A.: Household rumors about what is inherent in human nature are greatly exaggerated and have nothing to do with science. Man differs from most animals in that his behavior is determined to a very low degree by genetics and to a very high degree by upbringing. For example, people who were isolated from society for many years after birth (for example, Mowgli people) were almost incapable of social adaptation and resembled wild animals rather than people. The desire to find a partner for mating, of course, is biologically determined, as is the ability of a person to look for different ways to solve this problem, but the desire to receive signs of attention from a large number of men is in its purest form a socially conditioned behavior that a person can learn only by living among people.
Q: Listen, here we are, following my readers, “men, men, like men.” Not someone in particular, but as if all the men in the world who need to be liked, so that the proverbial stacks are formed. In this case, we are not talking about the fact that, for example, Sveta wants to please Seryozha, nothing like that. Sveta just wants to please men. Two won’t suit her, for example, or one? Why do girls put it this way?
A.: first of all, this is again a stable stereotype: that a woman must be liked by a large number of men, and only in this case she has the right to feel like a “real woman”. Second, it may be a lack of self-esteem and a sense of self-worth. About narcissistic elements of character that everyone has to some extent.
Q: what does self-love have to do with it?
A.: in psychology, narcissism is not self-love, but an unconscious habit of seeking confirmation of one’s value from the outside. The essence of narcissism is not that I like myself very much, but that I am split into two poles: I either hate myself or consider myself almost a genius. If I somehow manage to get external “confirmations” of my importance, success — I feel triumph, and if not — I fall into self-flagellation and experience the associated suffering. A person lives constantly in anxiety: “will you be able to find external nourishment, confirmation of your goodness today or not?”. The habit of receiving confirmation of their value from the outside, most often, is formed in the childhood and adolescence, when parents teach the child that their attitude depends on the results of his activities. Most people in our country are brought up in this destructive paradigm: “I will be good if…(I get an “a”, get a job, buy a car, people will like me)”. Accordingly, when a person finds himself in a social situation, in any, starting from kindergarten, what is he trying to do? He is trying to somehow influence the environment in such a way that he is praised, shown attention. And through this, he somehow lets go, the anxiety for a while eases. Admiring glances from men and the attention of friends like “Oh, how good you are in this dress” — this is also such a narcissistic reinforcement that allows you to muffle painful doubts about yourself for a while.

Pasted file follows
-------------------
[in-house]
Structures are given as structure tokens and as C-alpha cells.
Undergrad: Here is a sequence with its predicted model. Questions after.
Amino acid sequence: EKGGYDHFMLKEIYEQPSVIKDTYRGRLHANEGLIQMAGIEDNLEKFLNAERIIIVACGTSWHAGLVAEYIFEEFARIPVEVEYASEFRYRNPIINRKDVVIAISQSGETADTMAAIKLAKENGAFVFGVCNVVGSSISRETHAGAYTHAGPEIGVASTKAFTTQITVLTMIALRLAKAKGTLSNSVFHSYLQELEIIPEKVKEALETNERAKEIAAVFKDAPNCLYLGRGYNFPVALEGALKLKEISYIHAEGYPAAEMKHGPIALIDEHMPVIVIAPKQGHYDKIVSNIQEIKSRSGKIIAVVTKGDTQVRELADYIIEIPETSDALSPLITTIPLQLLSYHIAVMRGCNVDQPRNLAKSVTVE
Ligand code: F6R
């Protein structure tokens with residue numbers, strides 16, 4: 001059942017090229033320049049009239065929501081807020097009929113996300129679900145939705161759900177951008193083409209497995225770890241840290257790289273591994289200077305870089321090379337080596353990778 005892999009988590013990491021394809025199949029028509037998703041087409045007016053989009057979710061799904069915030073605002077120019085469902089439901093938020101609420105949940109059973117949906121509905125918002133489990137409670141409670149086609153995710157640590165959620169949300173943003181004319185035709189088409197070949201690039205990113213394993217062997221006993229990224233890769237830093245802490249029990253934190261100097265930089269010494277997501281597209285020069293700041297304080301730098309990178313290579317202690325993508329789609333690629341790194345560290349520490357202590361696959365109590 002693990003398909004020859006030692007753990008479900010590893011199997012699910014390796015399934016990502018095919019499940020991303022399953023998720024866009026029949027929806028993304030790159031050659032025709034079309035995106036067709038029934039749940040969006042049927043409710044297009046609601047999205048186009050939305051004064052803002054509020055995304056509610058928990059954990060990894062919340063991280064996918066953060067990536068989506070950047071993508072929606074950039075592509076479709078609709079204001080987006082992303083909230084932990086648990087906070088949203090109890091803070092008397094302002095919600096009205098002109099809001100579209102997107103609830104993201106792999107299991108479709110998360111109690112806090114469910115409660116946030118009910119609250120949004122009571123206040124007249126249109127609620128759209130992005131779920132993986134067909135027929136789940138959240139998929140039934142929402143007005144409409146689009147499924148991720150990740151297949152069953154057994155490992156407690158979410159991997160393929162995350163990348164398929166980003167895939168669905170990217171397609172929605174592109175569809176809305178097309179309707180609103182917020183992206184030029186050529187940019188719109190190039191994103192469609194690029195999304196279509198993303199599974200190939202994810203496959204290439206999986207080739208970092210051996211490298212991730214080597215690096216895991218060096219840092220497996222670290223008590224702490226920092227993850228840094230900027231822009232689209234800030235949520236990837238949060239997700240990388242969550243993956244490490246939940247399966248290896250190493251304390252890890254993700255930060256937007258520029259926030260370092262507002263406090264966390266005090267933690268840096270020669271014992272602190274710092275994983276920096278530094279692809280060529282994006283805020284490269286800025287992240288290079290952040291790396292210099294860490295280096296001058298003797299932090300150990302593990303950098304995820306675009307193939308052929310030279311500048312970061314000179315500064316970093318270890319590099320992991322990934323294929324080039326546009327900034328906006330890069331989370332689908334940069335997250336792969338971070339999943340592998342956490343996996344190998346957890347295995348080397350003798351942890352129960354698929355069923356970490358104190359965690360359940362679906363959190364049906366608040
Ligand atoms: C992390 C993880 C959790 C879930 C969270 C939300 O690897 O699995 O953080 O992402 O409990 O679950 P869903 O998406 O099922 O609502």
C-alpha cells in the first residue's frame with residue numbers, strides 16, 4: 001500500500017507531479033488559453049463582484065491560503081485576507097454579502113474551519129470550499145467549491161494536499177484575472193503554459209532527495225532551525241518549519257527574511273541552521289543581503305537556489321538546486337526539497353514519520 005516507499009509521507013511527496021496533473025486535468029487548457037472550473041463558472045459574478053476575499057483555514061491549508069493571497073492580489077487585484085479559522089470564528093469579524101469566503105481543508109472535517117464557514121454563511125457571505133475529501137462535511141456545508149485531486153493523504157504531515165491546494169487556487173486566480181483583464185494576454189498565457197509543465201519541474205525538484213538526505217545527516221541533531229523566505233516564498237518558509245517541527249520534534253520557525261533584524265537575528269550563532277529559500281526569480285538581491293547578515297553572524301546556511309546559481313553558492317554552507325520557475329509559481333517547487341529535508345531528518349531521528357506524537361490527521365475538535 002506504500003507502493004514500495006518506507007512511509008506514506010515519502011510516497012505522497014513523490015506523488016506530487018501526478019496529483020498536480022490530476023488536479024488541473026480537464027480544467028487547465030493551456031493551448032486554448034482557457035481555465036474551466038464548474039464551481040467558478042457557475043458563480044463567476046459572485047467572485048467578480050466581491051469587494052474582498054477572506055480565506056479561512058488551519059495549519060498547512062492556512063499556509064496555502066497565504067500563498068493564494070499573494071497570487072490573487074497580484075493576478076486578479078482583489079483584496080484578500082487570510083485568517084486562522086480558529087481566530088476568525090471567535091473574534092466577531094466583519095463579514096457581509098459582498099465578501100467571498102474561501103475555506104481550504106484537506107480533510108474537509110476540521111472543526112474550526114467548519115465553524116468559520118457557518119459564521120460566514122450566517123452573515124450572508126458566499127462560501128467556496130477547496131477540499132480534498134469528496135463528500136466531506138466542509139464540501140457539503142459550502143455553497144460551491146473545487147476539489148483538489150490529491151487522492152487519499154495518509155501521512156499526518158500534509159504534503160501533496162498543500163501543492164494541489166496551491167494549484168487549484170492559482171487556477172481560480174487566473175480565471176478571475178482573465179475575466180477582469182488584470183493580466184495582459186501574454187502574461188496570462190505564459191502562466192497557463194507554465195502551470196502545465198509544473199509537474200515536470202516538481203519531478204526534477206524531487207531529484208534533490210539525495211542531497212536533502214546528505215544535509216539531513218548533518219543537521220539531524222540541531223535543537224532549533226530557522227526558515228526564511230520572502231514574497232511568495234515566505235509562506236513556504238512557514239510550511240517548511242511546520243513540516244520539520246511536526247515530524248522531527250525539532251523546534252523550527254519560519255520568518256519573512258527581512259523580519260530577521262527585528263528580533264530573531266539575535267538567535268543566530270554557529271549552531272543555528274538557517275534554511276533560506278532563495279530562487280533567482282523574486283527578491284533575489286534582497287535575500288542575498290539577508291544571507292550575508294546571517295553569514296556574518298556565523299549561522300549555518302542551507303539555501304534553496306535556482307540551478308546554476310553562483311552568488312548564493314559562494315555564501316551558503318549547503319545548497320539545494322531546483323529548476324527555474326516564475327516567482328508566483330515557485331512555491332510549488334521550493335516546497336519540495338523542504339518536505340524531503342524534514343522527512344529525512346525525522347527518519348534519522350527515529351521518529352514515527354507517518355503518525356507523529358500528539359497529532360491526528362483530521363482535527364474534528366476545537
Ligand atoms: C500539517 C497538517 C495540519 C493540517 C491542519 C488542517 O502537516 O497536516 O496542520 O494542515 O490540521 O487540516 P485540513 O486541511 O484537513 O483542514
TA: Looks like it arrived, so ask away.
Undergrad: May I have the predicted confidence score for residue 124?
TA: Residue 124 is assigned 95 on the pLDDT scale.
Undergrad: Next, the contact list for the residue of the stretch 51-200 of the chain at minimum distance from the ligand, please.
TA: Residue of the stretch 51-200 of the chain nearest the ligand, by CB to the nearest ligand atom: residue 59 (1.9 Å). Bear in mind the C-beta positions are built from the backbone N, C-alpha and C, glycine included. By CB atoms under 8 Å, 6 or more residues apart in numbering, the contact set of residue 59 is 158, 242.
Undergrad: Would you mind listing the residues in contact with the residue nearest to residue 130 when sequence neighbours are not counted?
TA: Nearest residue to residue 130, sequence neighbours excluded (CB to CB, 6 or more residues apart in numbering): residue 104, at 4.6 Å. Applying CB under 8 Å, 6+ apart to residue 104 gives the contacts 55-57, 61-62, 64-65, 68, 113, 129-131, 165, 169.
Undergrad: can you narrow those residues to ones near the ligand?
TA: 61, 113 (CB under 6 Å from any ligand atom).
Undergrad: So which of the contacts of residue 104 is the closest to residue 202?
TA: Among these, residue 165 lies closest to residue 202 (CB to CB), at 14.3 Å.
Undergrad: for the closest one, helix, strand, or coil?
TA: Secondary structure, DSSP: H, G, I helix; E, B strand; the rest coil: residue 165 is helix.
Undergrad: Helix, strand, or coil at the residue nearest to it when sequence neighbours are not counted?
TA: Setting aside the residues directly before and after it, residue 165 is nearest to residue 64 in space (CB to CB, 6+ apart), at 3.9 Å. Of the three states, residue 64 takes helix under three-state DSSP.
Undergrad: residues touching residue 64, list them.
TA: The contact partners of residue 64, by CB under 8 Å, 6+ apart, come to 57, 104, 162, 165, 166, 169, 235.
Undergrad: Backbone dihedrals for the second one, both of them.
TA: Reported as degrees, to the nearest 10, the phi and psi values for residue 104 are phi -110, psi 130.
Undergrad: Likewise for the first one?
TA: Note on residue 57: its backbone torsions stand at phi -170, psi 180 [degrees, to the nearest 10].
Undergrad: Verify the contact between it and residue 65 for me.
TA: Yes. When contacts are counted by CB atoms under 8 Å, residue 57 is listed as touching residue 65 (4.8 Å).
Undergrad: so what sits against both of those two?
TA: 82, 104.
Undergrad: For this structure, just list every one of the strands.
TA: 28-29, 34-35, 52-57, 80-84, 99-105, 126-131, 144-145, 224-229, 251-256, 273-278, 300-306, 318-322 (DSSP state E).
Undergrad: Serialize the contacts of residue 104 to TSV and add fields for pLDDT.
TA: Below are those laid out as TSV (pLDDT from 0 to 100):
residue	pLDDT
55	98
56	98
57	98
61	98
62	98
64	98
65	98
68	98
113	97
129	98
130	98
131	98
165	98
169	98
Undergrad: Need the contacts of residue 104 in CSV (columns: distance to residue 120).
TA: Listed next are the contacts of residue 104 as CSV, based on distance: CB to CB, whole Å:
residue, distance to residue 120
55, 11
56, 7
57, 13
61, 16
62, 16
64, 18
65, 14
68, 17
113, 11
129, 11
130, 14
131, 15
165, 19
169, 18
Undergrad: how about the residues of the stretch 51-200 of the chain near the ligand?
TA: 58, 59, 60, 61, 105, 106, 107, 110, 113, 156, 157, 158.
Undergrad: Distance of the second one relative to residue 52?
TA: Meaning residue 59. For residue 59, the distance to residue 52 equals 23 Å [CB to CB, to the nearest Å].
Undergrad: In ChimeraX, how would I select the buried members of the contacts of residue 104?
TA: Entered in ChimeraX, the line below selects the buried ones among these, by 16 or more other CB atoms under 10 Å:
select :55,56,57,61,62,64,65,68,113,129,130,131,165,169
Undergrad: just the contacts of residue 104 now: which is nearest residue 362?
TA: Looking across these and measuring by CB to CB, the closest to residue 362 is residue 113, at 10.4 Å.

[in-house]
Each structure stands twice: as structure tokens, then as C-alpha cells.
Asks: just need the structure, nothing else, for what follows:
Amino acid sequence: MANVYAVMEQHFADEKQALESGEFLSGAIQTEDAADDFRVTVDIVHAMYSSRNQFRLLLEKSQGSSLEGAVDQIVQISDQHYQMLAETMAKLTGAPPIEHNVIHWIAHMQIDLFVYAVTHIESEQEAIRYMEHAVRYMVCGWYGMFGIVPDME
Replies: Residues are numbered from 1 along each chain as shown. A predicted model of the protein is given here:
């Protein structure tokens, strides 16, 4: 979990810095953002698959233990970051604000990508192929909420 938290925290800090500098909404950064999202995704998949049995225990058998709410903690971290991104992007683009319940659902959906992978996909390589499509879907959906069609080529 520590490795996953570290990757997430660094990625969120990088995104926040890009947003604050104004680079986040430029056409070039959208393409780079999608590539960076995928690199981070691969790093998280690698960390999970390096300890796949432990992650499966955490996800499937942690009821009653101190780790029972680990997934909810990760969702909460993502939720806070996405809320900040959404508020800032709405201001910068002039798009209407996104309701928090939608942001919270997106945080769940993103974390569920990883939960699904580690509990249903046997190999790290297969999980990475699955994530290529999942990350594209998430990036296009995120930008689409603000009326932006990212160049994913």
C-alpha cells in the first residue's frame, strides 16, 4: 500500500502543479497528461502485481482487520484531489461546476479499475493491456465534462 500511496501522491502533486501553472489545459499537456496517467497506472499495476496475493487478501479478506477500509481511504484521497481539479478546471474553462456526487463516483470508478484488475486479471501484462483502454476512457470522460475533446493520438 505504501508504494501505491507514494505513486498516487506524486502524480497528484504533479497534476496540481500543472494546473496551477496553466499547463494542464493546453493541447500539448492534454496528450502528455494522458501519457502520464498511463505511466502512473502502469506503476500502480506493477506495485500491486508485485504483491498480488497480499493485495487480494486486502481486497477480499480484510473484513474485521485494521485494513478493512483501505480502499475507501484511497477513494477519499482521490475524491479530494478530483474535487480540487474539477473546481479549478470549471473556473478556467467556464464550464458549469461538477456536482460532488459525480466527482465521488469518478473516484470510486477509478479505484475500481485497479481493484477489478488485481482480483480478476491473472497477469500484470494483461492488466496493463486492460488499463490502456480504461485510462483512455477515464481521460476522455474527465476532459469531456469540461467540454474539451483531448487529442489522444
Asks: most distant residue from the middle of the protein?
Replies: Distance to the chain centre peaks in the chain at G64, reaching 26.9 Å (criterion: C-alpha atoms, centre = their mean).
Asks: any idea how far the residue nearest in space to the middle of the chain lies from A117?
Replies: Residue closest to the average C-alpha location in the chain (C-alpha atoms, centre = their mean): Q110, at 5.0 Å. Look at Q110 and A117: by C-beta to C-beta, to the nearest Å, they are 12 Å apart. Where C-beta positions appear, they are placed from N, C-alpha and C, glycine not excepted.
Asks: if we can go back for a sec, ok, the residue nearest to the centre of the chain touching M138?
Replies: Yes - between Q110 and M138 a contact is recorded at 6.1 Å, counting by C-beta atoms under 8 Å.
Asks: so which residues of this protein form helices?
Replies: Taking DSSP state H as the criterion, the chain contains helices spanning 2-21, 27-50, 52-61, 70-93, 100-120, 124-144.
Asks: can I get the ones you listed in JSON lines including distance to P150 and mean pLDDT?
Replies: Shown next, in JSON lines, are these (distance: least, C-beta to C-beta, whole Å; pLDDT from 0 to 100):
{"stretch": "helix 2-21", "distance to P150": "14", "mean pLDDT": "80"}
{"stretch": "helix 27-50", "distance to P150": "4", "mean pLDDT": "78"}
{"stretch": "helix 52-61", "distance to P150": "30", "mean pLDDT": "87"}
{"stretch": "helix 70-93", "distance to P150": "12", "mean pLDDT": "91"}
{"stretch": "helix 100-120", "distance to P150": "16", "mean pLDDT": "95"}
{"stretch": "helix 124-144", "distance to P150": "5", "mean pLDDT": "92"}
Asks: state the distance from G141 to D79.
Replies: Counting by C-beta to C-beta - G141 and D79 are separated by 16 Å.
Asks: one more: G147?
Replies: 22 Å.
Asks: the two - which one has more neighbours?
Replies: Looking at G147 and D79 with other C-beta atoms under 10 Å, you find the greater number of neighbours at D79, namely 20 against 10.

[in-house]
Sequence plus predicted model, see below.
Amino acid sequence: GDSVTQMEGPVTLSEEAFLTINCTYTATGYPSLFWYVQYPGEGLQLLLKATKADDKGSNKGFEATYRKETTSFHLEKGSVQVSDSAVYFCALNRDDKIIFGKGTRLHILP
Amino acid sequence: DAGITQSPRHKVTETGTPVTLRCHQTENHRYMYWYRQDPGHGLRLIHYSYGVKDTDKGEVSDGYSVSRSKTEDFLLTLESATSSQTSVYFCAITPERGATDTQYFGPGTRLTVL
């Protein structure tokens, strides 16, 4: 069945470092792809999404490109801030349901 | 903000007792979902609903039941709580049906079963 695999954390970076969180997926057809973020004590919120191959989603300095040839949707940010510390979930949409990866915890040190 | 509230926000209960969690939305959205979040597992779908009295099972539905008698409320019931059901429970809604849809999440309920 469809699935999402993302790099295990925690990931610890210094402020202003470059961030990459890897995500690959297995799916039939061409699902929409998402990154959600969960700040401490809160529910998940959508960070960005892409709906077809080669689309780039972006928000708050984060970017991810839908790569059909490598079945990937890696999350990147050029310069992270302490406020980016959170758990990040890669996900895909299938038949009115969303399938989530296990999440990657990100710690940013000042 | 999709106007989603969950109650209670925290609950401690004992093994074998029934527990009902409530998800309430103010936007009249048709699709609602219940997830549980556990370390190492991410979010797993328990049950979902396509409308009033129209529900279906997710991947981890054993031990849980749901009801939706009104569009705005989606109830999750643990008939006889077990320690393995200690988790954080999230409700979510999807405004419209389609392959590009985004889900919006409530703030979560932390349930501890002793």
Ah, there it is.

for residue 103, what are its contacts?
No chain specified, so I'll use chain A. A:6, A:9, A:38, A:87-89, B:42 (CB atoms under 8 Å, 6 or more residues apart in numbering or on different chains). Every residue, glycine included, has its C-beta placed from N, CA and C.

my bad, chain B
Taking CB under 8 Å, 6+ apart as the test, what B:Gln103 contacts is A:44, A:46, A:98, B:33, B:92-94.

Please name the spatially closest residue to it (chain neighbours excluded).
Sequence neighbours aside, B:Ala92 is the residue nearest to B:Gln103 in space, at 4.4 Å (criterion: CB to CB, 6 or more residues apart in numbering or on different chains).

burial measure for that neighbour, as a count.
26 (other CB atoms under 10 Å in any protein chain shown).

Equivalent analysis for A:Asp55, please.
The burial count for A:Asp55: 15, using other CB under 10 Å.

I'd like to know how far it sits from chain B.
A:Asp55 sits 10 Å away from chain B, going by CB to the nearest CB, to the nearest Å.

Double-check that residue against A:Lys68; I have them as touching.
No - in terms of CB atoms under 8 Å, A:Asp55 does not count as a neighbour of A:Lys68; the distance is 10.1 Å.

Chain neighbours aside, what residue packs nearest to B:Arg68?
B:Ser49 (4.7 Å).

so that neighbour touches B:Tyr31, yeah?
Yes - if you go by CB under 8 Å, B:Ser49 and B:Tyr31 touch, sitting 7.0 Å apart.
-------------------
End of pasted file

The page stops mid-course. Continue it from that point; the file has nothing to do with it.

Q: how do those same men feel when they meet a woman who tries to please all men in General? That is, the need to like, to enter into a relationship, to love, it does not occur after meeting such a wonderful man, but long before? It doesn’t cause feelings, there are already feelings.
A: I think men usually avoid women with a preset set of programs.